Soil Survey Technical Note 3
Clarification of the Definition of Aniso Class
The purpose of this technical note is to increase awareness of the aniso class and clarify how it is to be applied.
The contact for this technical note is the National Leader for Soil Classification and Standards, National Soil Survey Center, Lincoln, NE.
As a result of the 1996 report by the International Committee on Soil Families (ICOFAM), the aniso class was added to the Keys to Soil Taxonomy. At this time, only five series in the United States have been classified in an aniso class, but it is likely that additional series fit this category.
The aniso class is intended for use in soils with two or more strongly contrasting particle-size classes within the particle-size control section. It is currently defined on page 820 in Soil Taxonomy (Soil Survey Staff, 1999) as follows:
If the particle-size control section includes more than one pair of strongly contrasting classes, listed below, then the soil is assigned to an aniso class named for the pair of adjacent classes that contrast most strongly. The aniso class is considered part of the particle-size class name and is set off by commas after the particle-size name. An example is a sandy over clayey, aniso, mixed, active, mesic Aridic Haplustoll.
Question 1: How do you determine if you have a strongly contrasting particle-size class, and how do you name the classes?
The following steps are required:
Use the "Key to the Control Section for Particle-Size Classes or Their Substitutes in Mineral Soils" (Soil Taxonomy, page 821) to identify the upper and lower boundaries of the particle-size control section.
Use the "Key to the Particle-Size and Substitute Classes of Mineral Soils" (Soil Taxonomy, pages 821-823) to determine the particle-size class or substitute for each layer within the control section.
Refer to the section "Strongly Contrasting Particle-Size Classes" (Soil Taxonomy, pages 823-825) to determine if any adjacent layers qualify as strongly contrasting. Note that each layer (including any adjacent noncontrasting layers) must be at least 12.5 cm thick.
If one pair of strongly contrasting particle-size classes is identified, a weighted average of the parts of the control section above and below the boundary between the contrasting materials is performed to name the class. When substitute classes are present, the thickest (cumulative) layer is used, rather than weighted average for the layer with the substitute class.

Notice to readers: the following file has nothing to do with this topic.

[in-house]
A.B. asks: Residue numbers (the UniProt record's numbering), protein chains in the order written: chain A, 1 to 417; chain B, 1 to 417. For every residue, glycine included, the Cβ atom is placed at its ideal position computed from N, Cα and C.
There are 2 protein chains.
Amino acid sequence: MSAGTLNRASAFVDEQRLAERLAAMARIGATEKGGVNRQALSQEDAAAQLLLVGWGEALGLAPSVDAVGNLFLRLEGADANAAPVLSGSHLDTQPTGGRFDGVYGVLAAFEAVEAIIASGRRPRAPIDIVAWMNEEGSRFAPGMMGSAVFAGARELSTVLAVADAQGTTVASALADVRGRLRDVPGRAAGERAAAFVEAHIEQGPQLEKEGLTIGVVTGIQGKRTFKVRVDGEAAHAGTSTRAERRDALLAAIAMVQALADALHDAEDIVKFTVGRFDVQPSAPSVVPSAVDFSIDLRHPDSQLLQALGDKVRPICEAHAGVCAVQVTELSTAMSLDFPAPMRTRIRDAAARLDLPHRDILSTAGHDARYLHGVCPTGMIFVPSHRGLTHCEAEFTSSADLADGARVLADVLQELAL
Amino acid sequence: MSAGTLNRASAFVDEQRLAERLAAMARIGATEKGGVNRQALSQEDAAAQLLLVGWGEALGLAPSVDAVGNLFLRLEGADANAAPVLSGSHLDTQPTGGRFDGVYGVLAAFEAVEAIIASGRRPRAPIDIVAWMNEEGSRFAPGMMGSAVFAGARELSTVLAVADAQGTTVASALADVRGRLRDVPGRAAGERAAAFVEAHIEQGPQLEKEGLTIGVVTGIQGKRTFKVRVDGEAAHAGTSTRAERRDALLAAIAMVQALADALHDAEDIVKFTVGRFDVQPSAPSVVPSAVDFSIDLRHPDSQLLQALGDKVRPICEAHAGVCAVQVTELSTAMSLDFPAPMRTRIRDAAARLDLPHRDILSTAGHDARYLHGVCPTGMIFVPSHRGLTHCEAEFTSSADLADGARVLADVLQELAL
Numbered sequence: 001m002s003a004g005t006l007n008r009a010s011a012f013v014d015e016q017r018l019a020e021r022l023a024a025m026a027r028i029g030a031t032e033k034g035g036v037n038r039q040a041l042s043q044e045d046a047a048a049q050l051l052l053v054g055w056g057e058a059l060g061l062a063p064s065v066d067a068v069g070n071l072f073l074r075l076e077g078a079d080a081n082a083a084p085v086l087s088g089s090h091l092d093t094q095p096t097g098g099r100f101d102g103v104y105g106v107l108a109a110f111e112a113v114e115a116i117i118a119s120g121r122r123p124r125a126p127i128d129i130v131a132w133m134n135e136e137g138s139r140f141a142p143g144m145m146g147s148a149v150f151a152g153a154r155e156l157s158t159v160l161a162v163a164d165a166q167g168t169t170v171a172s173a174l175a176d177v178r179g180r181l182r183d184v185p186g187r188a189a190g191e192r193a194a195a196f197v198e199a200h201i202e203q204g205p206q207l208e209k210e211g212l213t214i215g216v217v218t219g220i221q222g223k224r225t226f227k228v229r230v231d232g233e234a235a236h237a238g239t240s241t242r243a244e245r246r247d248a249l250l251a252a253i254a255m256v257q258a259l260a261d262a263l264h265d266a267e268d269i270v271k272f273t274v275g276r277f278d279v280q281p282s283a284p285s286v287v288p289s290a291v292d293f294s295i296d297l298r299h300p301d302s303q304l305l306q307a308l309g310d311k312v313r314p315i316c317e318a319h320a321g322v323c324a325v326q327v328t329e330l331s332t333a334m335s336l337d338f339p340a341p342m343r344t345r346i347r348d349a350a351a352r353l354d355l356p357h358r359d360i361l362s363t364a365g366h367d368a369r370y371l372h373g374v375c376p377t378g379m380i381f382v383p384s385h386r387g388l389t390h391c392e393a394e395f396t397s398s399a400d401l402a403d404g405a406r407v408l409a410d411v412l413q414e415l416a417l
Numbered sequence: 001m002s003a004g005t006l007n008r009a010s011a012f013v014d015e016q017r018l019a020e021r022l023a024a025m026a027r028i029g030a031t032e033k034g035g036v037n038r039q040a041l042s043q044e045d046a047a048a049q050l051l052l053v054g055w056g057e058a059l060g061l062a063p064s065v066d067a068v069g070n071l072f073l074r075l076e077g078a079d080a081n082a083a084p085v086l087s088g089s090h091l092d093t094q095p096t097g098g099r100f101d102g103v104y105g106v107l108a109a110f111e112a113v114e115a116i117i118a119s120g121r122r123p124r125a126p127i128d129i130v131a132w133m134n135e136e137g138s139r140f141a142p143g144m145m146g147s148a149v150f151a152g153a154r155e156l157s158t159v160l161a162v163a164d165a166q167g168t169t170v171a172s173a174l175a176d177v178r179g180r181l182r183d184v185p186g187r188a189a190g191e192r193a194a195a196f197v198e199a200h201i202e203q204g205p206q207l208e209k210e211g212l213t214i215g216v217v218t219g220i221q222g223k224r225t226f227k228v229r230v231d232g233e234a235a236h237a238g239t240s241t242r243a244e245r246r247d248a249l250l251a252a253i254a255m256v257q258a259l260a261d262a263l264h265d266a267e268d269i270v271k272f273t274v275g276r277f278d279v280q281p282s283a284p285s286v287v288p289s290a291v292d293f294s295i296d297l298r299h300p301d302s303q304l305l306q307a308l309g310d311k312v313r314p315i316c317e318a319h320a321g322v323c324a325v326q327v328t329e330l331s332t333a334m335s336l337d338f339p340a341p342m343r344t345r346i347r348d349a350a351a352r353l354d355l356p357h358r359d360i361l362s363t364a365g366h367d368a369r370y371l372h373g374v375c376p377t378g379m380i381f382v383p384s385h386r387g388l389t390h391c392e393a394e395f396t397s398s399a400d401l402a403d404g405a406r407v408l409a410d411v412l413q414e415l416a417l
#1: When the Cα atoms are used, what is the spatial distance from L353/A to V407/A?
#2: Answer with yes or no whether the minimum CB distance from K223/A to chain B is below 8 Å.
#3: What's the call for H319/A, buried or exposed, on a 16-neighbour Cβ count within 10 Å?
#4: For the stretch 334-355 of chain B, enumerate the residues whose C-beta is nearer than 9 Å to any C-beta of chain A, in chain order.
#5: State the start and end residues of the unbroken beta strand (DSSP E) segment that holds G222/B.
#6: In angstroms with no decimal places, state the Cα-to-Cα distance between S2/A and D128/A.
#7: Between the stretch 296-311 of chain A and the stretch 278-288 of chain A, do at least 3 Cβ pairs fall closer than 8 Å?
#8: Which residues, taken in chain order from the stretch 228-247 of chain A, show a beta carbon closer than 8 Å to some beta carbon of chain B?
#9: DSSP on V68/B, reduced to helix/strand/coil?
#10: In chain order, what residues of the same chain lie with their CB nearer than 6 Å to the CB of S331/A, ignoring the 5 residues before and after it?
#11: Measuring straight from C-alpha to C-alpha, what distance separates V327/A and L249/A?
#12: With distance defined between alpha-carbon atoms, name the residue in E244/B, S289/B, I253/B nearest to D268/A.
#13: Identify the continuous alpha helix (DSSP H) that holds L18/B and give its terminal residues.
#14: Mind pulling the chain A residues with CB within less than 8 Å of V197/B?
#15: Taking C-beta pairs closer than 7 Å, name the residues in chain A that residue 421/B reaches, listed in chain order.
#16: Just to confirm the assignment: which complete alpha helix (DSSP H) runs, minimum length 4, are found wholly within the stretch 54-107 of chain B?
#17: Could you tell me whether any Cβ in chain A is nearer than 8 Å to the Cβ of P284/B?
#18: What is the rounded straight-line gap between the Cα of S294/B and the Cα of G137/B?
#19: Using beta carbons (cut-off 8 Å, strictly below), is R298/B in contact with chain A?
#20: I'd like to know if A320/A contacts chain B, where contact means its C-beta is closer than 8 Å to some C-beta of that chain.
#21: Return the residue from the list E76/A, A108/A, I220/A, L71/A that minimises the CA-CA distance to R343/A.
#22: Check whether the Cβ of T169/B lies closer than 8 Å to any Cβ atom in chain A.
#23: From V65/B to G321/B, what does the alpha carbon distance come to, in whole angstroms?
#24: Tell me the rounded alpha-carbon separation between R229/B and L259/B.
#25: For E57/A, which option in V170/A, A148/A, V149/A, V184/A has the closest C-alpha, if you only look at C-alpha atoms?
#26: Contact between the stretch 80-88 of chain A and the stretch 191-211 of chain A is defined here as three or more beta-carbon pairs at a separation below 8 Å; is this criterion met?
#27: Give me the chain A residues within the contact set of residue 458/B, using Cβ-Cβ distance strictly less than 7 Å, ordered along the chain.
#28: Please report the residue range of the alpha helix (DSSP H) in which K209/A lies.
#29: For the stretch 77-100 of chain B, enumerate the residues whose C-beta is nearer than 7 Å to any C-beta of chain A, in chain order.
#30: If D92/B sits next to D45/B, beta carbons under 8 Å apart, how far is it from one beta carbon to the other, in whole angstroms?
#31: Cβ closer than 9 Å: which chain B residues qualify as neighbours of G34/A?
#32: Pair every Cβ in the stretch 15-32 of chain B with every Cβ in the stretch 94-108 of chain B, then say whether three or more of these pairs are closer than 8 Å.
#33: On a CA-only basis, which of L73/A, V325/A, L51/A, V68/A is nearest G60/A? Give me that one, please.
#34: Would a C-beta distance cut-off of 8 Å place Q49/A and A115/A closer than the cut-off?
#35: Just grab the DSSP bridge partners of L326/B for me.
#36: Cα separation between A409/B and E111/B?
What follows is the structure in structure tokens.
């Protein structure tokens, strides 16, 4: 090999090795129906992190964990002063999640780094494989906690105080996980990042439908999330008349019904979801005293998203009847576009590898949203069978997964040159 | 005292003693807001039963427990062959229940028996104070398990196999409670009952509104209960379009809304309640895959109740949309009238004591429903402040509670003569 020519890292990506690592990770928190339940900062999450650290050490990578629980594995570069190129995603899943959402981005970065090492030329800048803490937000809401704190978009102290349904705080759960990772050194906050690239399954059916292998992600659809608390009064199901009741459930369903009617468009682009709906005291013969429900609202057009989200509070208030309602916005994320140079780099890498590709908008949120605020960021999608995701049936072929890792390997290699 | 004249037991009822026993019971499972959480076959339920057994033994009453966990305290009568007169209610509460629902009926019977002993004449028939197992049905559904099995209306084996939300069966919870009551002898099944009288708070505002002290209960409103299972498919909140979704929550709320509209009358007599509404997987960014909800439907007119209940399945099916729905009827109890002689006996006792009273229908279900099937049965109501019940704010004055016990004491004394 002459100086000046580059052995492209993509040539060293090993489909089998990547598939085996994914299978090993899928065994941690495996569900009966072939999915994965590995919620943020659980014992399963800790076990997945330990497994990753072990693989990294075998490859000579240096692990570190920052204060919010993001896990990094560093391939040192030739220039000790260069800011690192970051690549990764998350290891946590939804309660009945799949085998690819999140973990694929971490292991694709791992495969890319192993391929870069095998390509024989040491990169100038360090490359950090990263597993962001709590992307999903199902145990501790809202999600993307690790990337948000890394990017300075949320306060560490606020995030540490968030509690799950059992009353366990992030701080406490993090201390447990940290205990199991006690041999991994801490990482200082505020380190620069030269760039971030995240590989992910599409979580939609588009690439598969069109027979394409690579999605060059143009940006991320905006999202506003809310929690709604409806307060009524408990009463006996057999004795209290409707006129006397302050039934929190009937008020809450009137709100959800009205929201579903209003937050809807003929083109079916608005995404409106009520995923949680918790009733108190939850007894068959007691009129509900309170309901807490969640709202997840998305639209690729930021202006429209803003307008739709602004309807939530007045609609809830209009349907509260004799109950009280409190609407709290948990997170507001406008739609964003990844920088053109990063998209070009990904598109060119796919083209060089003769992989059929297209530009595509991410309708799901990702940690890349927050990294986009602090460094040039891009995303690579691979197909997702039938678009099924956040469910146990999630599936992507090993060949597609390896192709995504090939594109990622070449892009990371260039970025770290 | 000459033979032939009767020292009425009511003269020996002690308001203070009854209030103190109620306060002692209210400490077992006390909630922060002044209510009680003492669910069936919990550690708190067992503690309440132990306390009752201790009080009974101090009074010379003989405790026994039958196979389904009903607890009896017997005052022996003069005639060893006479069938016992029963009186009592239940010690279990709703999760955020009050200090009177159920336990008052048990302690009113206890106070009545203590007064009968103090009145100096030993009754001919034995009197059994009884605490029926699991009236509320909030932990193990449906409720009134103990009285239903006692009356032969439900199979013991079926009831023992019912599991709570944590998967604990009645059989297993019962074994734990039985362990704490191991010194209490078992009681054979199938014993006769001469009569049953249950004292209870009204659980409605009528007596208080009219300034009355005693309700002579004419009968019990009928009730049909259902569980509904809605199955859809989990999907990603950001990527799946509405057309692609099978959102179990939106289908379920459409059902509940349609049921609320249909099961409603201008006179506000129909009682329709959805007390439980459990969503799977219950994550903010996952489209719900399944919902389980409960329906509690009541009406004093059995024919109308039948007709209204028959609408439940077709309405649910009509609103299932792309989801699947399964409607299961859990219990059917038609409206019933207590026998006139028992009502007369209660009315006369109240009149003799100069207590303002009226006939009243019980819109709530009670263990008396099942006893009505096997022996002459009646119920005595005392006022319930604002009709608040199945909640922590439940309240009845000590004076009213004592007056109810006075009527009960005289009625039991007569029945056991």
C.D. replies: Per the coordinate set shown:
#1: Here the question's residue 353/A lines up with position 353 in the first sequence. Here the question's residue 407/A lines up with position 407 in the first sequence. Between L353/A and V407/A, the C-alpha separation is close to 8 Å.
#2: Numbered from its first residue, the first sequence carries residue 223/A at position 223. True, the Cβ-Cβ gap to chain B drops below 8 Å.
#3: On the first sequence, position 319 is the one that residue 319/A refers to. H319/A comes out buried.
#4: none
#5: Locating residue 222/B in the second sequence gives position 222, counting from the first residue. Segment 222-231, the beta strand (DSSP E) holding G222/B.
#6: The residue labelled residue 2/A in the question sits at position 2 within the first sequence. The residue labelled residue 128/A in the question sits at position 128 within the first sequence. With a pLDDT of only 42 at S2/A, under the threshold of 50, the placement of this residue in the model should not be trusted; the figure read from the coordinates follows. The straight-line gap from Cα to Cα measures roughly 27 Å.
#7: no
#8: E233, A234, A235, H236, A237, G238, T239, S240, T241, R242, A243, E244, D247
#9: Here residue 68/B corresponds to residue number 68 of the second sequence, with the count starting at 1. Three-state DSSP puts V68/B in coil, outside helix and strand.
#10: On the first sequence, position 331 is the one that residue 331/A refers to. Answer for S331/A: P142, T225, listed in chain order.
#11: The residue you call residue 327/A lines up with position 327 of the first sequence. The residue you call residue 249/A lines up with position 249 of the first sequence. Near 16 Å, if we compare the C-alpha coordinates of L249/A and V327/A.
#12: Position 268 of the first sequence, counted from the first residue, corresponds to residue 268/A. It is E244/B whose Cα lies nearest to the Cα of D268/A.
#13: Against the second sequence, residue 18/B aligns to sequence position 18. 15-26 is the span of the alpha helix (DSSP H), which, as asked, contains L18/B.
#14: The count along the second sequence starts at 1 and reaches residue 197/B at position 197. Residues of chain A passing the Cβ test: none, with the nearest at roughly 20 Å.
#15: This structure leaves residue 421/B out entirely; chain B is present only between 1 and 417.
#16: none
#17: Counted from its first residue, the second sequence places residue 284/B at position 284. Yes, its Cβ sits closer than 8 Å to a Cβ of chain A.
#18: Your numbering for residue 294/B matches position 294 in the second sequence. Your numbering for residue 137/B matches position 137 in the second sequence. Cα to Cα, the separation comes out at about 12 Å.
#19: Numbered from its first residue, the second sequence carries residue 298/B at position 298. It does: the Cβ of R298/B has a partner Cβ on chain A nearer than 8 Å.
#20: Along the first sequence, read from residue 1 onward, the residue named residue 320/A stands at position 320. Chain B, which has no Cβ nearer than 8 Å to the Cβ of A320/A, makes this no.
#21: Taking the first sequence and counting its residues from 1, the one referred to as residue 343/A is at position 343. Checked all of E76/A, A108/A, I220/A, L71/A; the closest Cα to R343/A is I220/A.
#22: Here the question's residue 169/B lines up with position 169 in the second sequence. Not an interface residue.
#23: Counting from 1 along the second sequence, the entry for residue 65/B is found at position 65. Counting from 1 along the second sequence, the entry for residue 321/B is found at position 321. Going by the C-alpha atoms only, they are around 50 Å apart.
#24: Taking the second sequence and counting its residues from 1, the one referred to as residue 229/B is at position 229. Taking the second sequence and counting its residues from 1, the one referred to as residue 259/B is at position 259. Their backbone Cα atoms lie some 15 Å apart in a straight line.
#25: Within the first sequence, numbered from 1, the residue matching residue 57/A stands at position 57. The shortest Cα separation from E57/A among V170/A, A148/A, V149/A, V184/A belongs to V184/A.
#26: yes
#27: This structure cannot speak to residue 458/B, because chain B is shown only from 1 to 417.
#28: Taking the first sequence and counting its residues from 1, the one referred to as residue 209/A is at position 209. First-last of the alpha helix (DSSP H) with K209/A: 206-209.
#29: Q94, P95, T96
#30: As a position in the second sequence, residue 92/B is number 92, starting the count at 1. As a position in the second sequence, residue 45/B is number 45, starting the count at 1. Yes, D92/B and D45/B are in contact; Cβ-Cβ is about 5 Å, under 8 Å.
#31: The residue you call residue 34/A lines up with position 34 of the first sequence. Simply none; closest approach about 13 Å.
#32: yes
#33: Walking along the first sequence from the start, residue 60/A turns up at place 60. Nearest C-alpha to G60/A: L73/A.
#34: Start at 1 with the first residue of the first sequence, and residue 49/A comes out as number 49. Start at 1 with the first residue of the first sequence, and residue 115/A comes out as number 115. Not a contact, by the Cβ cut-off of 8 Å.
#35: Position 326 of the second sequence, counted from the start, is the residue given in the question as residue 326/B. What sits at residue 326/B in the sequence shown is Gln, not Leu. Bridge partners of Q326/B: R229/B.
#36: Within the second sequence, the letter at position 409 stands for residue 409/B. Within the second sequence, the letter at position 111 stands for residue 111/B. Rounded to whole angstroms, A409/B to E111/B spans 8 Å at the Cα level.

If more than one pair of strongly contrasting particle-size classes is identified, the procedure described in item 4 (above) is performed for each segment between the strongly contrasting boundaries. The class is named for the most strongly contrasting adjacent pair of classes. In addition to the resulting particle-size class, the term "aniso" is used in the family name.
Question 2: In the definition of aniso class, what is the meaning of "more than one pair of strongly contrasting class"?
A particle-size control section with as few as three parts may constitute two pair of contrasting particle-size classes as defined on pages 823-825 in Soil Taxonomy. The example below shows the simplest form of two pairs of strongly contrasting particle-size classes. In this example all three layers are at least partially within the particle-size control section.
Scenario 1 – All three layers exceed 12.5 cm in thickness. If layer 1 is contrasting to layer 2, there is one pair of contrasting classes. If layer 2 is contrasting to layer 3, there is another pair (2 pair) of contrasting classes. In this example, layer 2 is contrasting to two separate particle-size classes and the soil has an aniso class.
Scenario 2 – If layer 1 and layer 3 are contrasting to each other but not to layer 2 and layer 2 is <12.5 cm thick, then the soil has one pair of strongly contrasting particle-size classes. It does not have an aniso class.
Scenario 3 – If layer 1 and layer 3 are contrasting to each other but not to layer 2 and layer 2 is more than 12.5 cm thick, then the soil does not have a strongly contrasting particle-size class.
Question 3: A new series has been defined as having two pairs of strongly contrasting particle-size classes and is thought to have an aniso class. The first pair (clayey over fragmental) is listed on page 824 of Soil Taxonomy. The second pair (fragmental over clayey) is not on the list, but it seems like a reasonable combination to be considered as contrasting. Can I consider the soil to have two pairs of contrasting classes and therefore classify in an aniso class?
No. Only those strongly contrasting classes listed are approved for use. To classify soils into one of over 300 possible combinations not presently listed, you must first request a revision to Soil Taxonomy.
Soil Survey Staff. 1999. Soil taxonomy. 2nd ed. NRCS. U.S. Dep. Agric. Handb. 436. U.S. Gov. Print. Office, Washington, D.C.